The exhibit is proposed to be in a section of the Zoo called the Time Gallery. There are no living animals in the exhibit. The Gallery composes these current exhibits: –The Cosmic Calender, based on Carl Sagen’s analogy of the the universe scrunched into one year (The Big Bang began on Jan 1, etc…); –a crosscut section of the earth showing crust, mantle, and core; –a push-button visual to show the effects of erosion and crust movement; –A dislay of various crystals and a brief description of how they are formed; –an exhibit explaining plate tectonics; –the earthquake machine, with a hydrolic floor that simulates a mid-strength eartquake; –a display on vertebrate fossils and another of invertebrate fossils; –a life-sized fiberglass dinosaur, –fossilized dinosaur eggs; –a machine that replicates life forming from primordal soup; –the evolution of a sample species, a horse; –an exhibit showing how humans affect evolution, with the example of spotted English moths and the onset of the English Industrial Revolution; –a map of the Bering Land Bridge from the last Ice Age, –primitive arrow and spear tips along the bones of an extinct animal, and –the Trash Man, covered with the history of garbage from primitive pottery shards to disposable razors. The Time Gallery’s purpose is to show how nature has affected humans and how humans affected nature, perhaps to suggest what human’s role in the natural world is. In this context, descriptions of cultural beliefs of origins would be appropriate. However, Mr. Hicks’ proposal merely has quotes from Genesis without any context or explanation. It would be similar to mounting an actual Bible to the wall and dressing it with some pretty pictures.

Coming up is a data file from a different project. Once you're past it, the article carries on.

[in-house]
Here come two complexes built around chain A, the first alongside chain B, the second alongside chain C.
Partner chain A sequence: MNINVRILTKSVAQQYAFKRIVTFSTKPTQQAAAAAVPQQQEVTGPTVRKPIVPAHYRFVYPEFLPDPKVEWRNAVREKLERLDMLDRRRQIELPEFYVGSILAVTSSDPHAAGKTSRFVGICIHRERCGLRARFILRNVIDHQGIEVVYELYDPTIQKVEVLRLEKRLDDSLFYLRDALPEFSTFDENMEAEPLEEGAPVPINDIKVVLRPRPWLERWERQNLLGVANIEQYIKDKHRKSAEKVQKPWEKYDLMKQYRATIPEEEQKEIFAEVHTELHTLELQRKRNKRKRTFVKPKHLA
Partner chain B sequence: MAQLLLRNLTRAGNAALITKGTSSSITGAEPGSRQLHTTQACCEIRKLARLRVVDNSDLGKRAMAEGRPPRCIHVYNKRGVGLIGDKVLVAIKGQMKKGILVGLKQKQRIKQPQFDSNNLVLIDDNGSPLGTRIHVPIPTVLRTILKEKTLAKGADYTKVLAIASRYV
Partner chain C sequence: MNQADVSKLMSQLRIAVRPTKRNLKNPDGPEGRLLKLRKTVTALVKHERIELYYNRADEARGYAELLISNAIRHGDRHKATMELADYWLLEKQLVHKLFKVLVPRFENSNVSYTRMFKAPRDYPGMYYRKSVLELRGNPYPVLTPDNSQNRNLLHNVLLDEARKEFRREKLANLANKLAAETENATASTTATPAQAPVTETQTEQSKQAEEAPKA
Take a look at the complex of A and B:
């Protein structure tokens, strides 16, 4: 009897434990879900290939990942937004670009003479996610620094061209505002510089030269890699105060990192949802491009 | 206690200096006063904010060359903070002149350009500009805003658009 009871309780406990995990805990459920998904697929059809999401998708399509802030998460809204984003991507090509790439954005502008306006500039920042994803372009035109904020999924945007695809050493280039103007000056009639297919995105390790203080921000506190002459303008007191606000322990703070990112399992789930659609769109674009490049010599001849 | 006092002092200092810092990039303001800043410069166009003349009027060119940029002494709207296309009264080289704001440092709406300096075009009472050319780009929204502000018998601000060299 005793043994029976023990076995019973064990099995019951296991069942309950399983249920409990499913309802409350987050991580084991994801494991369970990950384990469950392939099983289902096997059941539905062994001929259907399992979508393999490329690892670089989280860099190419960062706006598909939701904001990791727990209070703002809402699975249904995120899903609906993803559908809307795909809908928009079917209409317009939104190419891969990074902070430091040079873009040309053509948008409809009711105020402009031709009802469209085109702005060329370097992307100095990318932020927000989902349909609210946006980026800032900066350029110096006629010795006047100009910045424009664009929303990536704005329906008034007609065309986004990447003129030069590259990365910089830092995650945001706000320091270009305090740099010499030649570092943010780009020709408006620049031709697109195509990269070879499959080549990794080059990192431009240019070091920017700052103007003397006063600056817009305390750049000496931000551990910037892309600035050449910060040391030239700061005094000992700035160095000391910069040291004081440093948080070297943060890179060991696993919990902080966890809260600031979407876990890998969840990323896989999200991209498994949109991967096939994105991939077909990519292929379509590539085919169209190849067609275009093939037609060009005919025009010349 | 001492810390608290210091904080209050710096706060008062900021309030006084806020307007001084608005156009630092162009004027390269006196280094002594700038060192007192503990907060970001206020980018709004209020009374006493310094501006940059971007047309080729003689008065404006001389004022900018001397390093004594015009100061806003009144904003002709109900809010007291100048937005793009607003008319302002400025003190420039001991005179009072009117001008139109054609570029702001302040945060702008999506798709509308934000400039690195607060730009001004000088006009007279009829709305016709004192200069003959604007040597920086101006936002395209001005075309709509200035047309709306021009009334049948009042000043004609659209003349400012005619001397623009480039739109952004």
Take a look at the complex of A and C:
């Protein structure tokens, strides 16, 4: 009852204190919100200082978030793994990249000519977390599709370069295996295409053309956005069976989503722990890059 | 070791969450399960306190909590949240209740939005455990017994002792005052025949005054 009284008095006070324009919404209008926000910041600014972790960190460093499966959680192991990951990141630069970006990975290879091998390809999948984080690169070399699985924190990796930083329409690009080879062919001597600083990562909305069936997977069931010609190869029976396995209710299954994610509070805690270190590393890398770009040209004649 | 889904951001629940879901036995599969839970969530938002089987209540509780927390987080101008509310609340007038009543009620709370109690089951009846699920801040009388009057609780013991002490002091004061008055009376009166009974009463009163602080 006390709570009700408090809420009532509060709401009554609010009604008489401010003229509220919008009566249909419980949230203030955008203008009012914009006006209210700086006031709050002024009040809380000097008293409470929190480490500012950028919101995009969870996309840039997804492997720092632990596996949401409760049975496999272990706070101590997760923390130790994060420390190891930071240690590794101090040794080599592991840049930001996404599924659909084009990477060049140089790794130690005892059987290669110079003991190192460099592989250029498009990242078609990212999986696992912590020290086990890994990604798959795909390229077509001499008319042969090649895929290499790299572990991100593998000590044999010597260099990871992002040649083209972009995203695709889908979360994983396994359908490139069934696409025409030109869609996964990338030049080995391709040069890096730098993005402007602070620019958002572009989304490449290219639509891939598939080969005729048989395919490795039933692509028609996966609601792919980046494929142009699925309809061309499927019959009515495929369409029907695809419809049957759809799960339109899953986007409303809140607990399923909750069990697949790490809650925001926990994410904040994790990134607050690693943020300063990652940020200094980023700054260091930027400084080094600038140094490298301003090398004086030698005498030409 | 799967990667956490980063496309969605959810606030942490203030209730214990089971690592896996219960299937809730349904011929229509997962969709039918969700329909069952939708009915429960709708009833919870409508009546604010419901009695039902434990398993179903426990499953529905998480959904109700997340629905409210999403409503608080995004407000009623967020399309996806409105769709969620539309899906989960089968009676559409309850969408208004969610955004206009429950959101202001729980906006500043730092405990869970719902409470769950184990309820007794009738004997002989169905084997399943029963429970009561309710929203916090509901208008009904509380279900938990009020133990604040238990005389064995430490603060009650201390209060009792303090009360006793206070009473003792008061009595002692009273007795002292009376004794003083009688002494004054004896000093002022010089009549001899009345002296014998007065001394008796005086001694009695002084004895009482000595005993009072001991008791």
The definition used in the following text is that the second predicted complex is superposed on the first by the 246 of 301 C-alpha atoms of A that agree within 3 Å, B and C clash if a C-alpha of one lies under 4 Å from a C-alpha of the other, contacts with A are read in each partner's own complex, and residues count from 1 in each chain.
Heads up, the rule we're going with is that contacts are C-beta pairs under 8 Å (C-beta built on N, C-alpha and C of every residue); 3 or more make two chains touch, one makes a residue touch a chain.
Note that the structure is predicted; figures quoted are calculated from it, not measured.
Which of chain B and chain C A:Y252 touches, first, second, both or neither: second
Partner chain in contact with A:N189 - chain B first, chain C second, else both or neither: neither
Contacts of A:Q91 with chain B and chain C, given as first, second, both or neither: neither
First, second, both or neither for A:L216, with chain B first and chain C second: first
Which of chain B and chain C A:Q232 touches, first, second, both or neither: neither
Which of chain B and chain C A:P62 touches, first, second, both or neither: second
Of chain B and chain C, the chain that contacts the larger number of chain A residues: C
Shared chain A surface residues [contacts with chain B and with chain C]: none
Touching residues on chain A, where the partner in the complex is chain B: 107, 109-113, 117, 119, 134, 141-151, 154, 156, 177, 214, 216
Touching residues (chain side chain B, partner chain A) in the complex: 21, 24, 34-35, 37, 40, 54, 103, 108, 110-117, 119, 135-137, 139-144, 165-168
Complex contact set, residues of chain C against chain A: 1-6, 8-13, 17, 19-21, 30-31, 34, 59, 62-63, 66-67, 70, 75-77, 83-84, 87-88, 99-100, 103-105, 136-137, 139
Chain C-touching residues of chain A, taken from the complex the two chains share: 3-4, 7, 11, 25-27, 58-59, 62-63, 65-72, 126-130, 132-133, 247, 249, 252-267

Oops I posted it twice. sory.

pegorsus Wrote:

It would be similar to mounting an actual Bible to the wall and dressing it with some pretty pictures.

In other words, a fairly typical church (except there the book might be placed on or chained to a lectern).

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This page contains a single entry by Reed A. Cartwright published on June 8, 2005 11:14 AM.